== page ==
The visual assurance of “You Will Die at Twenty” is the most immediately notable element of Sudanese director Amjad Abu Alala’s accomplished feature debut. Beautifully composed and boasting the kind of sensitivity to light sources and color tonalities usually ascribed to top photographers, the film lovingly depicts the remote east-central region of Sudan as a quasi-magical place of sand, sky and the colors of the Nile. The story, about a young man raised to believe an unfortunate event at his birth has condemned him to die at 20, generally has an equally clear-cut quality, simple in the telling yet matched to the pictorial tenor. Some may find a clash between its fable-like guilelessness and other moments when the outside world’s cynicism breaks in, yet the film remains a touching, nonjudgmental depiction of people circumscribed by superstition. Festival play is assured.
This pocket of Sudan is both life-giving, situated between the Blue and the White Nile, and pitiless in its desert harshness. After giving birth to a baby boy, Sakina (Islam Mubarak) goes to have him blessed; during a religious ceremony, a dancer counting off in a trance stops on the number 20 just when the sheikh gives his benediction. “God’s command is inevitable,” the old man says, and everyone takes it as a sign that the child will die at 20. The pressure on the family is terrible, and Sakina’s husband, Alnoor (Talal Afifi), leaves to find work abroad, unable to cope with the sadness of knowing his only child won’t live to reach full manhood.
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The boy, Muzamil (Moatasem Rashid), is raised knowing his fate, taunted by other kids as the “son of death.” Sakina, overprotective, keeps him out of school as if she can somehow stave off fate, yet she never questions its inevitability. Muzamil, however, wants to learn, and as a teen (Mustafa Shehata) he’s allowed to go to a new sheikh for instruction in the Quran. Abu Alala includes an unfortunate scene here, in which the religious man has Muzamil remove his top, then praises his beauty while stroking his torso and telling him to come regularly for instruction. The problem isn’t the homoeroticism or the implication of sexual abuse, but that the director doesn’t do anything with it — the scene has no repercussions and the clear inference is subsequently ignored as if it never happened.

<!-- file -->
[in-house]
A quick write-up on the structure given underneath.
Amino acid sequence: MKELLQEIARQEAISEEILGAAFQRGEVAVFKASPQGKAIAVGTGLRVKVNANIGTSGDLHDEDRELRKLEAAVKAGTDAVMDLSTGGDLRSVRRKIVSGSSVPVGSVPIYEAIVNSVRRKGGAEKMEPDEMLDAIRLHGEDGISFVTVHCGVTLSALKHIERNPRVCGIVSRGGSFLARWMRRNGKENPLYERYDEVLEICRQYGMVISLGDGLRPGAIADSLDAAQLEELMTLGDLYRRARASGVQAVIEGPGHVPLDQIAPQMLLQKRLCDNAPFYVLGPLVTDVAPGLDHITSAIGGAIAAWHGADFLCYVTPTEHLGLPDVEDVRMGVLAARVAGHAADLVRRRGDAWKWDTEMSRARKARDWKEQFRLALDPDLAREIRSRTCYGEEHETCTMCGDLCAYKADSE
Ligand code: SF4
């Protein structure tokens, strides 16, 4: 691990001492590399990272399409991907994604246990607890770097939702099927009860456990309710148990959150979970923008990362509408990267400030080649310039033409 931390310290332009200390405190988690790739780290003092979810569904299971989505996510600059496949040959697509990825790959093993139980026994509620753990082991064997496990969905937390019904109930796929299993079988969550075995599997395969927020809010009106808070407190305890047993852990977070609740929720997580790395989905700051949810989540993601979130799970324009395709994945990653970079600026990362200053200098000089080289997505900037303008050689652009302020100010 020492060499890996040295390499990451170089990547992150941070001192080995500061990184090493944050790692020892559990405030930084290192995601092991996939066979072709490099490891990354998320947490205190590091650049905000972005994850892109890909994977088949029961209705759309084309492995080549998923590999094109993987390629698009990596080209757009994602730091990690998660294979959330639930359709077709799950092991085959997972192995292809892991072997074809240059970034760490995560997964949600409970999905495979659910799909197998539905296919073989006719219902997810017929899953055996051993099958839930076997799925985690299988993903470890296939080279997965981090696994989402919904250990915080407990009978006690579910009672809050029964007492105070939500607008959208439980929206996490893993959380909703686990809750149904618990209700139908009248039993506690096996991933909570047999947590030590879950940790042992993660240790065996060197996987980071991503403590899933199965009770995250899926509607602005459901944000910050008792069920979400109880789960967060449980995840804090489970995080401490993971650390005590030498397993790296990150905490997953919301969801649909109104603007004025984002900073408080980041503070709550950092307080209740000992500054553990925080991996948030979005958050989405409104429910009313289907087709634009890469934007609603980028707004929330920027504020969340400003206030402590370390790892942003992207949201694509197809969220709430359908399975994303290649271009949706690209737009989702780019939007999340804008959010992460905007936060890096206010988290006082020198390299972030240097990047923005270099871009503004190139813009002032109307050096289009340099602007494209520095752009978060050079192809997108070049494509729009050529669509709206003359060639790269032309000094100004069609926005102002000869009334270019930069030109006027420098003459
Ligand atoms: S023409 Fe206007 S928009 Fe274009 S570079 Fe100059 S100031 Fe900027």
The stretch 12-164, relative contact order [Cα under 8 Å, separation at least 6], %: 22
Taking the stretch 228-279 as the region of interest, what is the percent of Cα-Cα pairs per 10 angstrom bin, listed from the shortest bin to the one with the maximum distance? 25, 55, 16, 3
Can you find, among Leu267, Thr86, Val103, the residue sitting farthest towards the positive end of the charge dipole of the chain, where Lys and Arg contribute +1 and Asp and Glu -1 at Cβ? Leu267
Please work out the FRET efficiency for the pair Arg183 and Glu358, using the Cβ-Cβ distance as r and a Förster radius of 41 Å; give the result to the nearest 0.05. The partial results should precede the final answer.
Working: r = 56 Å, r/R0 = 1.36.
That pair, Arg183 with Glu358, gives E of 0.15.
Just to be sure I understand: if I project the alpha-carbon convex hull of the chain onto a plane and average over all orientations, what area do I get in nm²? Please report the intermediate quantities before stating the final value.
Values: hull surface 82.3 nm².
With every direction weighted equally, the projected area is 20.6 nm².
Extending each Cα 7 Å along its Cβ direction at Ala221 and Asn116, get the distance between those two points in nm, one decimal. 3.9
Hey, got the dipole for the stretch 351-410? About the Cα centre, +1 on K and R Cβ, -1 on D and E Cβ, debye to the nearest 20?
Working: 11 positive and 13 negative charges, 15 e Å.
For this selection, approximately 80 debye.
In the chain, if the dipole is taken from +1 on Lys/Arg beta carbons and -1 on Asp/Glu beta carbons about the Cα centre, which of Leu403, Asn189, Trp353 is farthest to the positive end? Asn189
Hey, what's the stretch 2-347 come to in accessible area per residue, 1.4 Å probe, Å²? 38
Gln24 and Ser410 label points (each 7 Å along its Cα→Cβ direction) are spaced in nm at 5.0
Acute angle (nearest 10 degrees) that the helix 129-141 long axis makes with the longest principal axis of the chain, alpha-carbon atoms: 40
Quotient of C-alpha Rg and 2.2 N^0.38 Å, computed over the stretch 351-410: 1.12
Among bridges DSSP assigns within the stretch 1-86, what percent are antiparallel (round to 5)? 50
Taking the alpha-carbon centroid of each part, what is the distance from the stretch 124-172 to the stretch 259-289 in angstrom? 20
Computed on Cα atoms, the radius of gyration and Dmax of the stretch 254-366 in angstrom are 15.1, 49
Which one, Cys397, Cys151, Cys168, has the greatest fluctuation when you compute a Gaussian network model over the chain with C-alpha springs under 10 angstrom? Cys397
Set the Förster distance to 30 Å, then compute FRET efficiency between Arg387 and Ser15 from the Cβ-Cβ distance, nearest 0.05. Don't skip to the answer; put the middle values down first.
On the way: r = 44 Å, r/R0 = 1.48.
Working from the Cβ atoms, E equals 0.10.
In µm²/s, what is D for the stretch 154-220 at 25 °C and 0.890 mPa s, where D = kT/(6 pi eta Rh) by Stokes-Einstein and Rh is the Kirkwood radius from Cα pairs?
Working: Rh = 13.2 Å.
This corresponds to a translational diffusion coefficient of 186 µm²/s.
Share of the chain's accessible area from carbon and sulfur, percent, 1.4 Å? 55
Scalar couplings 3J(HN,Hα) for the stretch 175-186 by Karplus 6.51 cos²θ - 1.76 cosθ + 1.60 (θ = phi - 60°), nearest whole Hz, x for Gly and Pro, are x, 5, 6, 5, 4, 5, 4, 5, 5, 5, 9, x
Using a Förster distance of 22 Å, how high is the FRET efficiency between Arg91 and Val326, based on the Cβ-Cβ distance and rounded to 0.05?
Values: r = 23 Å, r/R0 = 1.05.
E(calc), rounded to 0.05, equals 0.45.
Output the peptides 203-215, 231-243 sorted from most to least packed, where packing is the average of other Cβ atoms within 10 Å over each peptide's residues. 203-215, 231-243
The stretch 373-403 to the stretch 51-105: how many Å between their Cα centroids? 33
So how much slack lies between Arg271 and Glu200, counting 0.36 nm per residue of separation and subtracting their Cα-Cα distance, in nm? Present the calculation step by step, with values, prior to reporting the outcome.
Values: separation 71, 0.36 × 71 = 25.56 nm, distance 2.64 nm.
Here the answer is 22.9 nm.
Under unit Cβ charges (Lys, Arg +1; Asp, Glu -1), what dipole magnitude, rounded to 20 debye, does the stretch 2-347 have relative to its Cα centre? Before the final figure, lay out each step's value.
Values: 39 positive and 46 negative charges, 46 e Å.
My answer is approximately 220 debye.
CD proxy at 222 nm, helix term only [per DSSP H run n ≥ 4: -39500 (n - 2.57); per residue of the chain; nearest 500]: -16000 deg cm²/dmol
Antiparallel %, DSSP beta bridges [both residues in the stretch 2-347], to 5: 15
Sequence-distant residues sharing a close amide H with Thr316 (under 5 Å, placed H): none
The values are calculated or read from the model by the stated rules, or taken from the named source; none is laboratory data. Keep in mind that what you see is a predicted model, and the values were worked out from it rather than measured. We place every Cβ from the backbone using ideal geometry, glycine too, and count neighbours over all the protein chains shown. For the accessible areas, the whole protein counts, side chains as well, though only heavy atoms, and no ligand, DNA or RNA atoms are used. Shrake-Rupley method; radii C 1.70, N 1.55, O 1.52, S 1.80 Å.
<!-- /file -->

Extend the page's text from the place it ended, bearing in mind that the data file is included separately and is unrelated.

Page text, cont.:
Muzamil turns out to be excellent at memorizing and learns the Quran by heart. He’s also working for the village shopkeeper, delivering bootleg alcohol to Sulaiman (Mahmoud Elsaraj), a cynical man returned after years abroad who’s shacking up with wise prostitute Set Alnesea (Amal Mustafa). Sulaiman is the catalyst for Muzamil to question his fate and his surroundings, introducing him to cinema and the notion of a world outside. The character is a little too familiar, the use of cinema as a way of opening Muzamil’s eyes a bit too much like a first film device on the part of the director, and yet Abu Alala just makes it work, as images of Hind Rustum from “Cairo Station” (the influence of Youssef Chahine is obvious) introduce the young man to freewheeling female sexuality, and Jadallah Jubara’s shots of Khartoum in the 1970s reveal a different Sudan from the one crushed by dictatorship and fundamentalism.
These scenes sit oddly with the continued fatalism of Sakina and her son, the former consciously evoking the Virgin Mary in her position as a mother aware that her child is destined to die young (there’s even a pietà tableau). The parallel feels forced, and Sakina has no trajectory in which she questions the superstitions that have kept her doleful and static. Even more uncertain is the way Abu Alala uses the character of Naima (Bunna Khalid), a radiant young woman inexplicably in love with Muzamil. If she’s not merely sorry for him, the script needs to give a sense of why these two disparate personalities would be a good romantic match outside of Naima’s pure likability.
Despite these provisos, “You Will Die at Twenty” remains . Together with cinematographer Sébastien Goepfert, the director presents a world of sharp contrasts, where dream-like shots of religious votaries floating down the river, or conical shrines piercing the solid blue sky, are contrasted with a dark interior pierced by shafts of light, such as the room where Sakina marks off the days of Muzamil’s life. A dream scene of the young man resting his head on his father’s stomach, light coming in from a window in the background, is a model of composition.